Baked manna. Fried manna. Manna casserole. Manna stew. Manna pudding. Do you think they ever missed the bread of angels?

Only a few weeks are left in our summer study series on angels. I hope you have enjoyed this topic of study. If you are interested in learning more about spiritual warfare or about equipping yourself with spiritual armor against evil, check out this week’s lesson. Click here for the Week 9 Lesson Plan.



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A Taste of Honey: John 10:10


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July 24, 2015 · 1:20 pm

Way Down in the Hole by the Blind Boys of Alabama

Good Morning!

Our summer Bible series, Angels of the Realm, has focused primarily on Satan the last two weeks. I thought this song was fitting. If you’d like to join the study, all of the published posts and weekly lesson plans can be found by clicking here.




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Angels of the Realm: Lesson 8

Same Kind of Different as Me quote

Good Morning!

When Jochebed gave birth to her son, she knew he was no ordinary child.(Exodus 2:2; Hebrews 11:23) She placed him inside a basket and put him among the reeds along the bank of the Nile to protect his life from Pharaoh’s edict to kill all of the Hebrew male infants. Moses was drawn out of the mighty Nile by Pharaoh’s daughter and raised as Egyptian royalty. Stephen, the first Christian martyr, in his address to the Sanhedrin council, says of Moses;

“When he [Moses] was placed outside, Pharaoh’s daughter took him and brought him up as her own son. Moses was educated in all the wisdom of the Egyptians and was powerful in speech and action.” Acts 7:21,22

As a grown man, Moses has an encounter in the wilderness that sends his life into an entirely different direction. We studied this story of Moses and the burning bush in the Week 3 Lesson. Following that event, Moses leads the Hebrew nation out of their Egyptian captivity and into the desert towards their homeland. What began as a short term journey to the Promised Land quickly turned into a wandering of forty years due to their disobedience and unbelief. Three months after their exodus from Egypt, the Israelites reach Mount Sinai and God calls Moses to meet with Him at the top of the mountain. While on the mountain, Moses received instructions for the nation and the stone tablets inscribed with the Ten Commandments from God and henceforth, becomes known as the Law giver.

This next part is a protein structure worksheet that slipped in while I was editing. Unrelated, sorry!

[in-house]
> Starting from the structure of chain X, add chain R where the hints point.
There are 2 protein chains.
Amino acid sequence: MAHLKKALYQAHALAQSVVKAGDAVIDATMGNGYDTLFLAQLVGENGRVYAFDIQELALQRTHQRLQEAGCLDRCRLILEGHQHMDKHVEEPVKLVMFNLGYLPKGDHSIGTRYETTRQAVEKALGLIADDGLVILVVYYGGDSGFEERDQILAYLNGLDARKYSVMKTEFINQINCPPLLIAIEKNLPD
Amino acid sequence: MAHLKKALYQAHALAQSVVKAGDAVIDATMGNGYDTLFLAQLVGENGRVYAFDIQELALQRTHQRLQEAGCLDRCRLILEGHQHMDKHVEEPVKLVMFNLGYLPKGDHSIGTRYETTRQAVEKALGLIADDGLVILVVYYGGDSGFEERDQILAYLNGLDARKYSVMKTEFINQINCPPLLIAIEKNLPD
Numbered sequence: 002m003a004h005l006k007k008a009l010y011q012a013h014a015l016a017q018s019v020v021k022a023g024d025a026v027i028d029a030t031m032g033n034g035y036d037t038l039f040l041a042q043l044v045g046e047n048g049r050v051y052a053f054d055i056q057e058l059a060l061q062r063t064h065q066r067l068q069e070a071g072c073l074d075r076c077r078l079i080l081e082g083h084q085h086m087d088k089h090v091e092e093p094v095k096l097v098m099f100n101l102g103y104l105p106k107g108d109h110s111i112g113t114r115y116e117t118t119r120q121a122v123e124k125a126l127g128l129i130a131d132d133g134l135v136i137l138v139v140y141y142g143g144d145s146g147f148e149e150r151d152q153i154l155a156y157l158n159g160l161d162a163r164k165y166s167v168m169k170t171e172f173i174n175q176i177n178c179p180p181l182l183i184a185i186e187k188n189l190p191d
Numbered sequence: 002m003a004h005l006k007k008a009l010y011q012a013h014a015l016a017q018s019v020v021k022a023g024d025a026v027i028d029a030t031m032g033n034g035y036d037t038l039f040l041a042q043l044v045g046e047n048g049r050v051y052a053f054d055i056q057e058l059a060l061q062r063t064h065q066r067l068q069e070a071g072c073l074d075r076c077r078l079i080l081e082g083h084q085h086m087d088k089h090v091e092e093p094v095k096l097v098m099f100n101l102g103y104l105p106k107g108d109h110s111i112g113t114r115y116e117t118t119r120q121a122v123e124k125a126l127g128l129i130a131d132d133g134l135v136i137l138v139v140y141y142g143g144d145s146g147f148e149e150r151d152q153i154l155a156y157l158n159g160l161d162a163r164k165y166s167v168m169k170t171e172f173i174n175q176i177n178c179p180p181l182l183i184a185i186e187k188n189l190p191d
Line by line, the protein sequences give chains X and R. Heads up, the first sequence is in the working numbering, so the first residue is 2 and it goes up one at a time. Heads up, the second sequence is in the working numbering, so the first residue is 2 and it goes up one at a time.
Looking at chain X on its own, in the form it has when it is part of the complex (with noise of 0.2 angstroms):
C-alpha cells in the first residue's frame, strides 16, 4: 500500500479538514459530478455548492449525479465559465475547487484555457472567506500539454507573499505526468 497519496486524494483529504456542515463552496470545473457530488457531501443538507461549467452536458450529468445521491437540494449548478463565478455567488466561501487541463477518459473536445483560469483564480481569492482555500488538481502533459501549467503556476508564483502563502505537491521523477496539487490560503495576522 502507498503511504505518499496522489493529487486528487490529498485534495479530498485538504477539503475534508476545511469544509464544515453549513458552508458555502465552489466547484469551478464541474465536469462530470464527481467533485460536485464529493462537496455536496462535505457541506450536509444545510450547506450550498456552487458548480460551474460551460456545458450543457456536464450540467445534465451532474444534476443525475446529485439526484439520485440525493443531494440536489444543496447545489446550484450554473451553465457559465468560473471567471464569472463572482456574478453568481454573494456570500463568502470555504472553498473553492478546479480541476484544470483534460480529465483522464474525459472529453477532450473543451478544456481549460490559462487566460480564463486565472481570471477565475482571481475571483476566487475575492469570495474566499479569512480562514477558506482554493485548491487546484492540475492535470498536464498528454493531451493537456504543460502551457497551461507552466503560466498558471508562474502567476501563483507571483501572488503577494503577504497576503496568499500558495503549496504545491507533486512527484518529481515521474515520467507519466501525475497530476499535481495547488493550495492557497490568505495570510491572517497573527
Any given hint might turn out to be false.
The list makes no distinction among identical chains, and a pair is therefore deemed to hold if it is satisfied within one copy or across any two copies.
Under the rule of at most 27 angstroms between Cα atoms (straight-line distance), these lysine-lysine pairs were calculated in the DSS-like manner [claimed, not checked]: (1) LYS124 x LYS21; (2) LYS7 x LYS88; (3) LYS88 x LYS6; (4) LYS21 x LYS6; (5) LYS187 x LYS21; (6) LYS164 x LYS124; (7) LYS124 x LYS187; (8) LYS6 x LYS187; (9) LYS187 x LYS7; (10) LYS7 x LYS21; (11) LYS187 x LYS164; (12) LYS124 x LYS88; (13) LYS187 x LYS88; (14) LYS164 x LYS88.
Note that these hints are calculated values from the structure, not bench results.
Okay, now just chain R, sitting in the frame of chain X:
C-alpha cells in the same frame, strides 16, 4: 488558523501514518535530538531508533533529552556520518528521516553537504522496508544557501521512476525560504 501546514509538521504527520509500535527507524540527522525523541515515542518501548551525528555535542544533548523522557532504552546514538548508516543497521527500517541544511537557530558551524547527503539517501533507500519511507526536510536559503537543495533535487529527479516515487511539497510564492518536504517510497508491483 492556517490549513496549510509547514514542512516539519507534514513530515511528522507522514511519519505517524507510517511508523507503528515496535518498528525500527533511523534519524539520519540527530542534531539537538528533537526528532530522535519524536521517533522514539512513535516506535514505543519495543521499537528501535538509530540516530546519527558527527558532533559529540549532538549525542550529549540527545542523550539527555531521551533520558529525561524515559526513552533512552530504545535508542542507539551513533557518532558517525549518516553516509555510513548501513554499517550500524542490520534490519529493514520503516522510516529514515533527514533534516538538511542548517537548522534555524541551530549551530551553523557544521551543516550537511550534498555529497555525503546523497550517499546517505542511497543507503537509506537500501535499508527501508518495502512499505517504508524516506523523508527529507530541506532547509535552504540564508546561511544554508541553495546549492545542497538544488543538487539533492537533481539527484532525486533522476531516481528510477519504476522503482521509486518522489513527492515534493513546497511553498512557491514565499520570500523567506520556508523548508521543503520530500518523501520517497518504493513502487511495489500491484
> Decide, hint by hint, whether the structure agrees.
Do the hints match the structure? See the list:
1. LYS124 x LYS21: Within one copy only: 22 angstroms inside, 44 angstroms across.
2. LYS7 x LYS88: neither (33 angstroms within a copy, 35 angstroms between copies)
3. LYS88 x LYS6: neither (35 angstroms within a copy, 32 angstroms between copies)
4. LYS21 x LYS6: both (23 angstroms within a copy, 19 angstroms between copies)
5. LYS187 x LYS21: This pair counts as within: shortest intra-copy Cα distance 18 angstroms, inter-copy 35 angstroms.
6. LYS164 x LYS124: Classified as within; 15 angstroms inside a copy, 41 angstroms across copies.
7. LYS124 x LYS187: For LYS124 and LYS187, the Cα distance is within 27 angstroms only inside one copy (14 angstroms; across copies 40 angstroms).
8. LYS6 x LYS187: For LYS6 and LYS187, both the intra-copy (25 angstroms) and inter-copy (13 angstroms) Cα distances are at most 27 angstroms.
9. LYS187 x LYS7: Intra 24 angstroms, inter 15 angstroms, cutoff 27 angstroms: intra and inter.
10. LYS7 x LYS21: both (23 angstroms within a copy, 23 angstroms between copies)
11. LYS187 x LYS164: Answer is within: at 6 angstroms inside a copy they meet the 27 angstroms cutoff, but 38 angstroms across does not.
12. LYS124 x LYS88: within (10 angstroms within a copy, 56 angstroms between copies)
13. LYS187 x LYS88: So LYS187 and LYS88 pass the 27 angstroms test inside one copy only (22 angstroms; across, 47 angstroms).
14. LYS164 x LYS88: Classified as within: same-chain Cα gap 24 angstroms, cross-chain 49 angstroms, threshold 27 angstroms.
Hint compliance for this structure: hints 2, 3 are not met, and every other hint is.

Moses “was in the assembly in the desert, with the angel who spoke to him on Mount Sinai, and with our fathers; and he received living words to pass on to us.” Acts 7:38

“What, then, was the purpose of the law? It was added because of transgressions until the Seed to whom the promise referred had come. The law was put into effect through angels by a mediator.” Galatians 3:19; see also Acts 7:53

Moses served as the mediator between God and the people. Of Moses, the great Law giver, these words are also recorded.

“Since then, no prophet has risen in Israel like Moses, whom the LORD knew face to face, who did all those miraculous signs and wonders the LORD sent him to do in Egypt – to Pharaoh and to all his officials and to his whole land. For no one has ever shown the mighty power or performed the awesome deeds that Moses did in the sight of all Israel.” Deuteronomy 34:10-12

Moses lived into that prophetic statement given by his mother at his birth. He lived an extraordinary life. He died in Moab and God buried him there. No one has ever located his gravesite.

Included in the New Testament is a letter Jude wrote warning Christians about immoral men who were trying to convince believers that salvation by grace gave them license to sin. These men were twisting the truth and causing confusion in the early church. Jude highlights in his letter that these godless men had no fear of slandering celestial beings and he continues by contrasting their behavior to that of the archangel Michael.

“But even the archangel Michael, when he was disputing with the devil about the body of Moses, did not dare to bring a slanderous accusation against him, but said, ‘The Lord rebuke you!’” Jude 9

Early church theologian Origen believed the reference was to an apocryphal work entitled The Ascension of Moses or sometimes referred to as The Assumption of Moses. This work was not included in canonized scripture but the original recipients of Jude’s letter would have been familiar with this work.

Some scholars suggest that Michael and the devil disputed over which place of rest for Moses. They believe that since Satan reigns over death, Michael wanted to take Moses somewhere else like heaven. Some have even suggested that this verse indicates that Moses was buried by Michael and that this dispute occurred at the time of the burial of his body.